New York City shipping homeless people across the country as part of controversial relocation programme

Chris Riotta

More than 12,000 homeless people in New York City were sent to live across the country in 32 states, and Puerto Rico, as part of a “special one-time assistance programme”, according to a new report.

The report, published on Tuesday in the New York Post, says the city sent 5,074 homeless families, a total of 12,482 people, to 373 cities nationwide, costing its taxpayers $89m (£69m).

The city has reportedly shelled out thousands of dollars on everything from travel to home furnishing for the relocated homeless families, though it has not disclosed the specific cost breakdown for such expenditures.

The New York City Department of Homeless Services has defended the programme while noting the apparent savings it yields by sending homeless families to live elsewhere, according to the paper.

Whereas the average annual cost of rent for a relocated family amounts to a reported $17,563 (£13,618), the city pays about $41,000 to house each family living in its shelters.

Still, there are some elements to Mayor Bill de Blasio’s programme that has sparked controversy among critics.

While the majority of families who receive the city’s relocation assistance move out-of-state, the New York Post reported that 35 per cent of recipients “move within city limits” where they spend more on rent than the reported costs for the average relocated family.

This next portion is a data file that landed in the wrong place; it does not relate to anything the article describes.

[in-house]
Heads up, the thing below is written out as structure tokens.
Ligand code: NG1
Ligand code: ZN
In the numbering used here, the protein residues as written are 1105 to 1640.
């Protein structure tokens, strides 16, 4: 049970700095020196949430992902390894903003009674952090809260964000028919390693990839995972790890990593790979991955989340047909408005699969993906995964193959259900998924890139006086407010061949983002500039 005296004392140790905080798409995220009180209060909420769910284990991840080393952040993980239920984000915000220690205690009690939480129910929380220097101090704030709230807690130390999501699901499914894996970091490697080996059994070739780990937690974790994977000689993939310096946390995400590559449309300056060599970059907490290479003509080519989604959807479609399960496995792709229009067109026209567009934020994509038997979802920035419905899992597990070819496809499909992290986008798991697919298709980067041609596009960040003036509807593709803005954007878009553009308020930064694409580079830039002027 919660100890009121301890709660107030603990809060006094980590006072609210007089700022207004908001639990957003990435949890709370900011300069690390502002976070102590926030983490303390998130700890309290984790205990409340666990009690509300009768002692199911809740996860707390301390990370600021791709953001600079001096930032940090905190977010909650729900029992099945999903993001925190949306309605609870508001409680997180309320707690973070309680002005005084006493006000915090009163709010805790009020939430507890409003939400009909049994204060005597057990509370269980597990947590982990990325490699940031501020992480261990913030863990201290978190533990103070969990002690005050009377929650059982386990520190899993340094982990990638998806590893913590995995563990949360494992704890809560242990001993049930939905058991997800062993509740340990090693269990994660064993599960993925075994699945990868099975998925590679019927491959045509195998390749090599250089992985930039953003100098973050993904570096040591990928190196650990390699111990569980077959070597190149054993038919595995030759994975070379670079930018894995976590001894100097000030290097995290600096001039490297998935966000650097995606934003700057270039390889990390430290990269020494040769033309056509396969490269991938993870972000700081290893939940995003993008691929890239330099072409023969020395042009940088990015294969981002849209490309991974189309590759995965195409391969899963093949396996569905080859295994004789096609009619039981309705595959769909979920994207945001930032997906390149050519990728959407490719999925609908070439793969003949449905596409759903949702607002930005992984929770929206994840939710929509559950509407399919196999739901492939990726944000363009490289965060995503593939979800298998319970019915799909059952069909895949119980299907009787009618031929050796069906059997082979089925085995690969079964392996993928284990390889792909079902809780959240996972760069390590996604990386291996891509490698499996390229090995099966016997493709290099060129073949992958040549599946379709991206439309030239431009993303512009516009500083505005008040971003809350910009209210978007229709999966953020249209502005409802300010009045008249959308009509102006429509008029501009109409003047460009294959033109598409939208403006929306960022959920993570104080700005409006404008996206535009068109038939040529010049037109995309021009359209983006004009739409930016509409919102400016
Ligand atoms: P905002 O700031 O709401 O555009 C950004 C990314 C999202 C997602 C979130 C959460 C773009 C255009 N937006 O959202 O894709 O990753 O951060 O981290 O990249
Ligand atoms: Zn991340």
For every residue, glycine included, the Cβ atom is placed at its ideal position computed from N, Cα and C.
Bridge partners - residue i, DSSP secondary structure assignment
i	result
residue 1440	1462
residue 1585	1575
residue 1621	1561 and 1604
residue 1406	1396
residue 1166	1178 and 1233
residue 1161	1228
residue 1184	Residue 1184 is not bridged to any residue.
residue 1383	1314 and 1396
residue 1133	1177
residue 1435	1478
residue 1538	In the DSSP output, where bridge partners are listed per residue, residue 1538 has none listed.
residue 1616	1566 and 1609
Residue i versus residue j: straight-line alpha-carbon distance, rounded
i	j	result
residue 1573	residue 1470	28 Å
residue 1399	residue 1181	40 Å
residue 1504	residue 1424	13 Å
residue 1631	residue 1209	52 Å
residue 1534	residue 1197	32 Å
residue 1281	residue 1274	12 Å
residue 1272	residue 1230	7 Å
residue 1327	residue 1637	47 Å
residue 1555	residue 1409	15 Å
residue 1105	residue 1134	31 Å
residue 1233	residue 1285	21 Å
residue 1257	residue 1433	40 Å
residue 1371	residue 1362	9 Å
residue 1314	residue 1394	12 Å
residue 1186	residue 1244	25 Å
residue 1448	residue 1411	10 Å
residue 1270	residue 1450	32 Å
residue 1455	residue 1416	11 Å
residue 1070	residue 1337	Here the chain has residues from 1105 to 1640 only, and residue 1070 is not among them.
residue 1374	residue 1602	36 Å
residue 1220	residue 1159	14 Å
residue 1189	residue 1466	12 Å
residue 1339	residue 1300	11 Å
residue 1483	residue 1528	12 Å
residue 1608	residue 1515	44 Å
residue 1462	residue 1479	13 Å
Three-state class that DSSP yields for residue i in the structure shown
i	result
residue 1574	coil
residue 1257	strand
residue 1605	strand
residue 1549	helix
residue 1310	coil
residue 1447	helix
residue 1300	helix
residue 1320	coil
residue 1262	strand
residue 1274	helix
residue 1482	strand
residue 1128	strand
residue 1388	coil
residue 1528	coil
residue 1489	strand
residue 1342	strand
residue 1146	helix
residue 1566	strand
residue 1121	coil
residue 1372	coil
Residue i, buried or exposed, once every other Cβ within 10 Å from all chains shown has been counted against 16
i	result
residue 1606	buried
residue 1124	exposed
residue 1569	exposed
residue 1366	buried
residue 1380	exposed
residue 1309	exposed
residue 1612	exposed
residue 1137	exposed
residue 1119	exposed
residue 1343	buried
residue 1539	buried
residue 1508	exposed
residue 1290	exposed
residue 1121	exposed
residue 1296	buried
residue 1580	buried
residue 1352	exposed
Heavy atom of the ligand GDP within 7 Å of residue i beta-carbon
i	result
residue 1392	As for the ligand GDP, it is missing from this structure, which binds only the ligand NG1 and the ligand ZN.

What’s more, hundreds have ended up back in shelters across New York.

Some recipients told the newspaper conditions in their relocated apartments were “completely unlivable”.

“We could not stay there any longer,” Sade Collington, whose family moved to an apartment in New Jersey that reportedly had no heat, water or electricity, told the New York Post.

“We went to a shelter for another six months,” she added.

The New York City Department of Investigation reportedly said it discovered “several vulnerabilities” in the relocation assistance programme which included “an inability to hold participating landlords and real estate brokers accountable”.

The New York State Senate has also launched an investigation into the programme.

Read more

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